College is a complete learning experience. College gets you prepared for life while still allowing you to experience it and have fun. Choosing where you want to spend two, four, or more years is very important. Making a list of the most important factors is key. Location, Size, Major availability, Job placement/Internship Programs, and Financial aid/Affordability are some big factors that can help choose, and definately help eliminate schools. Sometimes finances can play a big role in your decision, considering the price of schools (private school vs. public school). After narrowing it down to a handful, it is a PRIORITY to visit the campuses! It would be best to visit during classes, even if it is curing summer or winter classes. After all this is done, you should have a really strong feeling about where you might want to go. Even if your first choice is not there after this process, I'm sure that your gut feeling along with the preperation will help you choose an excellent place to achieve greatness and make some great friends along the way. GOOD LUCK!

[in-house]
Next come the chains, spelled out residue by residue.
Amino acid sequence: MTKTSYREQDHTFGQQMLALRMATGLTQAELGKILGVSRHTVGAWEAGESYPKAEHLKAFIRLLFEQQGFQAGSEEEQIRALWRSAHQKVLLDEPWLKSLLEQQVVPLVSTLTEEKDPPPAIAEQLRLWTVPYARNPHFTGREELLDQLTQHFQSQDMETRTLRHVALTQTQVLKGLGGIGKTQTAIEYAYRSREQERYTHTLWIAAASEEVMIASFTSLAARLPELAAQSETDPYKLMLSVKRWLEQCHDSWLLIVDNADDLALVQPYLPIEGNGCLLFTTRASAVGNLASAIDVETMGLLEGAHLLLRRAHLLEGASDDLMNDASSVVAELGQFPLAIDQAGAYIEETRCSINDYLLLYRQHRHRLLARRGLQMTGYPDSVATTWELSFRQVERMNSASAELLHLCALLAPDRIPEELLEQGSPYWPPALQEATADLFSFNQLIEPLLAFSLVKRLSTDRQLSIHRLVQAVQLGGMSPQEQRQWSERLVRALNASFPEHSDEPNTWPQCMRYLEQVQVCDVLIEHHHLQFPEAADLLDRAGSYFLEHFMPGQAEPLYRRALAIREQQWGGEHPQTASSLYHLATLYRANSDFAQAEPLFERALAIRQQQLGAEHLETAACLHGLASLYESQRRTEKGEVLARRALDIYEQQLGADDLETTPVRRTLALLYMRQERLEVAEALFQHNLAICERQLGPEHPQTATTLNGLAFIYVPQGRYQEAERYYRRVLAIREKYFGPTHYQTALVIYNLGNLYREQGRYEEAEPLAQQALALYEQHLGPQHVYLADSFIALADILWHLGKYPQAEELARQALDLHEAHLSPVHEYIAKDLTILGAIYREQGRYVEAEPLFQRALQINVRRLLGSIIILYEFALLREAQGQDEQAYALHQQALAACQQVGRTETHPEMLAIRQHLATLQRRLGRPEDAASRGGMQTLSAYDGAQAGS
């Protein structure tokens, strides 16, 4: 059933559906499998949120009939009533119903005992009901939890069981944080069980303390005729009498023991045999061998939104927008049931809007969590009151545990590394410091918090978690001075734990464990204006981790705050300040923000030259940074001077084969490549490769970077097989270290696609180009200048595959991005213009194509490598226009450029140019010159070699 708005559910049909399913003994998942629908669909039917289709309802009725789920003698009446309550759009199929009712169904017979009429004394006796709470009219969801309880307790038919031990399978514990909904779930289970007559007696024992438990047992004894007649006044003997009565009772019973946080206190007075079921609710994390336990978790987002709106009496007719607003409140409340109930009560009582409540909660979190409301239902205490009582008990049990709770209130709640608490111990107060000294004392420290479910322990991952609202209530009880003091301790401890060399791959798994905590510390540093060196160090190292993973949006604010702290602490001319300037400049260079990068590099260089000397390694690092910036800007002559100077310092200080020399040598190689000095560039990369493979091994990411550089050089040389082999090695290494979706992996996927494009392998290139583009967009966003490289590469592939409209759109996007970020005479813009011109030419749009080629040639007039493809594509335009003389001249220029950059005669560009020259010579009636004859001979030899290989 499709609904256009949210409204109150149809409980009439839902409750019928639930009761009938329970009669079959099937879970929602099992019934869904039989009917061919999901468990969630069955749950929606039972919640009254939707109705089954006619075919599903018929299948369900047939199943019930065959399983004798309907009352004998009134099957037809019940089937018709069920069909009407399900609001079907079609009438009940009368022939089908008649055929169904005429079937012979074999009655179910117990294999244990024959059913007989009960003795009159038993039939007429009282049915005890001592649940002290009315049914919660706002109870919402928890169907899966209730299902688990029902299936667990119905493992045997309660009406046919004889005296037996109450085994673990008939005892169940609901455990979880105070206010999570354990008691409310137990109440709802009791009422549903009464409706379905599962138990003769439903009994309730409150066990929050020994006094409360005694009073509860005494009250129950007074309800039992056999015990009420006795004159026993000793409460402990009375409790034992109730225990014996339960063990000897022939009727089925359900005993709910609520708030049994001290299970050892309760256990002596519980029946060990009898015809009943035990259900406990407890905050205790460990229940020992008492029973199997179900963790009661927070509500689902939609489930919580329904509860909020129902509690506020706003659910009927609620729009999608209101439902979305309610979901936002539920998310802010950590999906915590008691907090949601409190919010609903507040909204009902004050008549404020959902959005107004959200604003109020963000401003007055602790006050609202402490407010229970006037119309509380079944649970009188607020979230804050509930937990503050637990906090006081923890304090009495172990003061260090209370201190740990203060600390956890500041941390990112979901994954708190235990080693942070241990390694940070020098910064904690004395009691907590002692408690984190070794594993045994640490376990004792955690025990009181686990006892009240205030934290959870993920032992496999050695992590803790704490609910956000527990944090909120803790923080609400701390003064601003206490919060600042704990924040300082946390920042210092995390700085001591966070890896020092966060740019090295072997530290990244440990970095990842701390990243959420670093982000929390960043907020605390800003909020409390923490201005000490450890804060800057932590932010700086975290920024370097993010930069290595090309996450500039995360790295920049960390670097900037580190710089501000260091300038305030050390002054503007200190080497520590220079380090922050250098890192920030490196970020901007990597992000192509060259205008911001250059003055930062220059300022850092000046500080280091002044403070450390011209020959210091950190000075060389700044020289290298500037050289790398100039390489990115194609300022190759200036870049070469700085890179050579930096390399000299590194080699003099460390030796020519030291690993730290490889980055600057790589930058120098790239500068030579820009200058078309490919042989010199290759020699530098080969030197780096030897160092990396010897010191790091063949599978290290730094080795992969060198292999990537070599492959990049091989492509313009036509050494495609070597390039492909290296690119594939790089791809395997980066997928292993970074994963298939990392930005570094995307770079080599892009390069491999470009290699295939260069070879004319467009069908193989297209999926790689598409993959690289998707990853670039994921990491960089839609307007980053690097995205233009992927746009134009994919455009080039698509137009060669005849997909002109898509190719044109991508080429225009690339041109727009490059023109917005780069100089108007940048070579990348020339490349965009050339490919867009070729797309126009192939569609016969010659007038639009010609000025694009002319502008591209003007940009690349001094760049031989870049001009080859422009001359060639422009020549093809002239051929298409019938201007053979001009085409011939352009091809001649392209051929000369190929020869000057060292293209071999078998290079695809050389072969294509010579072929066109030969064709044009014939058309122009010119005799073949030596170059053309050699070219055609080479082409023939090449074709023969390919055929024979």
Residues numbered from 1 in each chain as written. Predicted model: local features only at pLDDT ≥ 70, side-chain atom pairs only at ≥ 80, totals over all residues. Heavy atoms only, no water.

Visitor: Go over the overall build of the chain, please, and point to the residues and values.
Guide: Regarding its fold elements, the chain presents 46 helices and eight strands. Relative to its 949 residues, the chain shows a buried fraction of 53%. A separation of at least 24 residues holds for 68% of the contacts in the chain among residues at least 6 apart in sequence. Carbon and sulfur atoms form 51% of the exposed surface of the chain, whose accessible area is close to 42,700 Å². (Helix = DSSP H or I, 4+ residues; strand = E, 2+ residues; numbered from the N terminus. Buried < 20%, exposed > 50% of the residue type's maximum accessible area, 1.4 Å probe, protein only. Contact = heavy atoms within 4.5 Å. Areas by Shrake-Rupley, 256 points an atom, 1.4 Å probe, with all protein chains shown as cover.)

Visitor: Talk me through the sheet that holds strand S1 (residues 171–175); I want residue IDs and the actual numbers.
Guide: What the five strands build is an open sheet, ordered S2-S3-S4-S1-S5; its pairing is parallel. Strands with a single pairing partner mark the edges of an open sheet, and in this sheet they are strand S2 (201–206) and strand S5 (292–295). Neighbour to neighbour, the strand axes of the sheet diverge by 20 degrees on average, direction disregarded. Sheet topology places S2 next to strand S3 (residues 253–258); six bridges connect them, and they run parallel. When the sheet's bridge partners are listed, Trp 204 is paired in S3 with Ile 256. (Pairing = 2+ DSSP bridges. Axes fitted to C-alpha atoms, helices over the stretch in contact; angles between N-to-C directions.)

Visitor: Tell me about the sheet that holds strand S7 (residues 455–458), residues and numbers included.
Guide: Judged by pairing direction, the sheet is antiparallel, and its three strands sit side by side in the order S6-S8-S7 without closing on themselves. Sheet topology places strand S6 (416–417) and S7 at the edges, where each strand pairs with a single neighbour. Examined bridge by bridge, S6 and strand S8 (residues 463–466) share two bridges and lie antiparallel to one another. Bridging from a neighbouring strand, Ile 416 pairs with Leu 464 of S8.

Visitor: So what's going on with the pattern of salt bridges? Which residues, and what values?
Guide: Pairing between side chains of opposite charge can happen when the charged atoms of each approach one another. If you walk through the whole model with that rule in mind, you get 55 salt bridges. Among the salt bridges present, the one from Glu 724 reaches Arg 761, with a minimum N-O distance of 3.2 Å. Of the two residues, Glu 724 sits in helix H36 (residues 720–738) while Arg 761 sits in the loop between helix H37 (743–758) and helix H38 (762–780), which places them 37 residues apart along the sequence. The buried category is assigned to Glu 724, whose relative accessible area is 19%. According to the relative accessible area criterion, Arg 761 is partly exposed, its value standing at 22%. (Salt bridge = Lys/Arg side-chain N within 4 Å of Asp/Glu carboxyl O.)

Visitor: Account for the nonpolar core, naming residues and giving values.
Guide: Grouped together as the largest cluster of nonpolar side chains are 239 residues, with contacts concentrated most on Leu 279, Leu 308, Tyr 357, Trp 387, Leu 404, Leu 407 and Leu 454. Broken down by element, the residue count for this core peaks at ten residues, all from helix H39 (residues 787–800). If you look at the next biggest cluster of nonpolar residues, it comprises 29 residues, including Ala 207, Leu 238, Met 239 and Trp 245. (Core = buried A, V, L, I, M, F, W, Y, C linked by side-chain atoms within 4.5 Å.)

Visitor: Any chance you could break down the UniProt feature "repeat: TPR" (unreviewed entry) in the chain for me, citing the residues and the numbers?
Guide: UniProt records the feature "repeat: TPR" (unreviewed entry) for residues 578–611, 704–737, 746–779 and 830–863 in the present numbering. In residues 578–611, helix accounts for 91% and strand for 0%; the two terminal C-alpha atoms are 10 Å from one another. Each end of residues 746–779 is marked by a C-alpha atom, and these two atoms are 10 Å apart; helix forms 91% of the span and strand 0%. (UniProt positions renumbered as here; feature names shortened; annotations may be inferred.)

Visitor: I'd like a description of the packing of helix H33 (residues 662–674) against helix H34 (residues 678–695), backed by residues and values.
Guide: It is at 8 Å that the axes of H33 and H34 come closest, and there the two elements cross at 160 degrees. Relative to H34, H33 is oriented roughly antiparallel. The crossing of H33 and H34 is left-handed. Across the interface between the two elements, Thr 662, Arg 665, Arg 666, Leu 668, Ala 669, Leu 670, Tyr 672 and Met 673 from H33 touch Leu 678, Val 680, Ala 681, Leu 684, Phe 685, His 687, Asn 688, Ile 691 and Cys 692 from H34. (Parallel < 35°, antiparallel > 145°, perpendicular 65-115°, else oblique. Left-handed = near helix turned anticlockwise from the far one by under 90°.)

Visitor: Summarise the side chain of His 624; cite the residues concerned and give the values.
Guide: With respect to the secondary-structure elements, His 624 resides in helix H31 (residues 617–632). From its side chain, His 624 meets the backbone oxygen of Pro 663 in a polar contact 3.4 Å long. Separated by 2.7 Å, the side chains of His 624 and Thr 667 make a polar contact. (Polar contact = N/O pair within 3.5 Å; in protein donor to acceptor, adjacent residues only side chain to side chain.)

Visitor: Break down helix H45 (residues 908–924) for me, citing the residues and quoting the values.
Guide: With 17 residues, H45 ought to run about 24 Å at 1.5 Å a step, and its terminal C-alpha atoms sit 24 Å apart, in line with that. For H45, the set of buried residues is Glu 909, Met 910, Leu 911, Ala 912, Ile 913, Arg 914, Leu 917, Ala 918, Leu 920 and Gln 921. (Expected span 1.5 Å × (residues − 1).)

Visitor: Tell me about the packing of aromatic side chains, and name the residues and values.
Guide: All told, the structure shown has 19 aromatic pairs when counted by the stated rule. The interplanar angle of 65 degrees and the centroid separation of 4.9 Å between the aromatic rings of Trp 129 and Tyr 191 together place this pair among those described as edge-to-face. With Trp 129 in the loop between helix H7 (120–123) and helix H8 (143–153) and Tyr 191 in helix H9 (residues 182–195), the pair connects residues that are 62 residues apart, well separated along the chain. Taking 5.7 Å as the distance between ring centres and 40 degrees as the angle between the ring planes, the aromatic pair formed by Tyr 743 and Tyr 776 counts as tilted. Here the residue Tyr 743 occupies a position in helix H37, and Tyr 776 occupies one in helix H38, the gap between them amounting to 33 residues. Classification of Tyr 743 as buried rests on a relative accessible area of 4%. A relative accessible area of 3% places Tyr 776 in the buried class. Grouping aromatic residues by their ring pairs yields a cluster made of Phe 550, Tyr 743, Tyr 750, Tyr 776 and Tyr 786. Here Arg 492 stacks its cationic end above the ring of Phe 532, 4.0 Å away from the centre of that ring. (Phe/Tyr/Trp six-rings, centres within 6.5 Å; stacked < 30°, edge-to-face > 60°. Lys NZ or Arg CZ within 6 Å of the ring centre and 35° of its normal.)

When I started my college search, it was hard, especially without a major in mind, to decide what I wanted. But, I needed the college that would give me the ?real world? experience I craved. My advice to anybody college-bound is to think hard about where and how you want to live. Although the program you choose is important, you still live at your school! I can?t say how many of my friends and classmates have transferred, but I know what they had in common. They picked because of distance, their major, or a significant other. Now, I haven?t seen many cases where those reasons were enough for choosing a lifestyle. There?s nothing wrong with transferring ? life is trial-and-error. But what?s better than getting it right first try? There are colleges in that offer all kinds of experiences ? all you have to do is look! It's easy to forget, with big things like academics and financial aid to worry about, to think about the little things that are going to make up the life you will live for four years, and the experience you will remember for the rest of your life.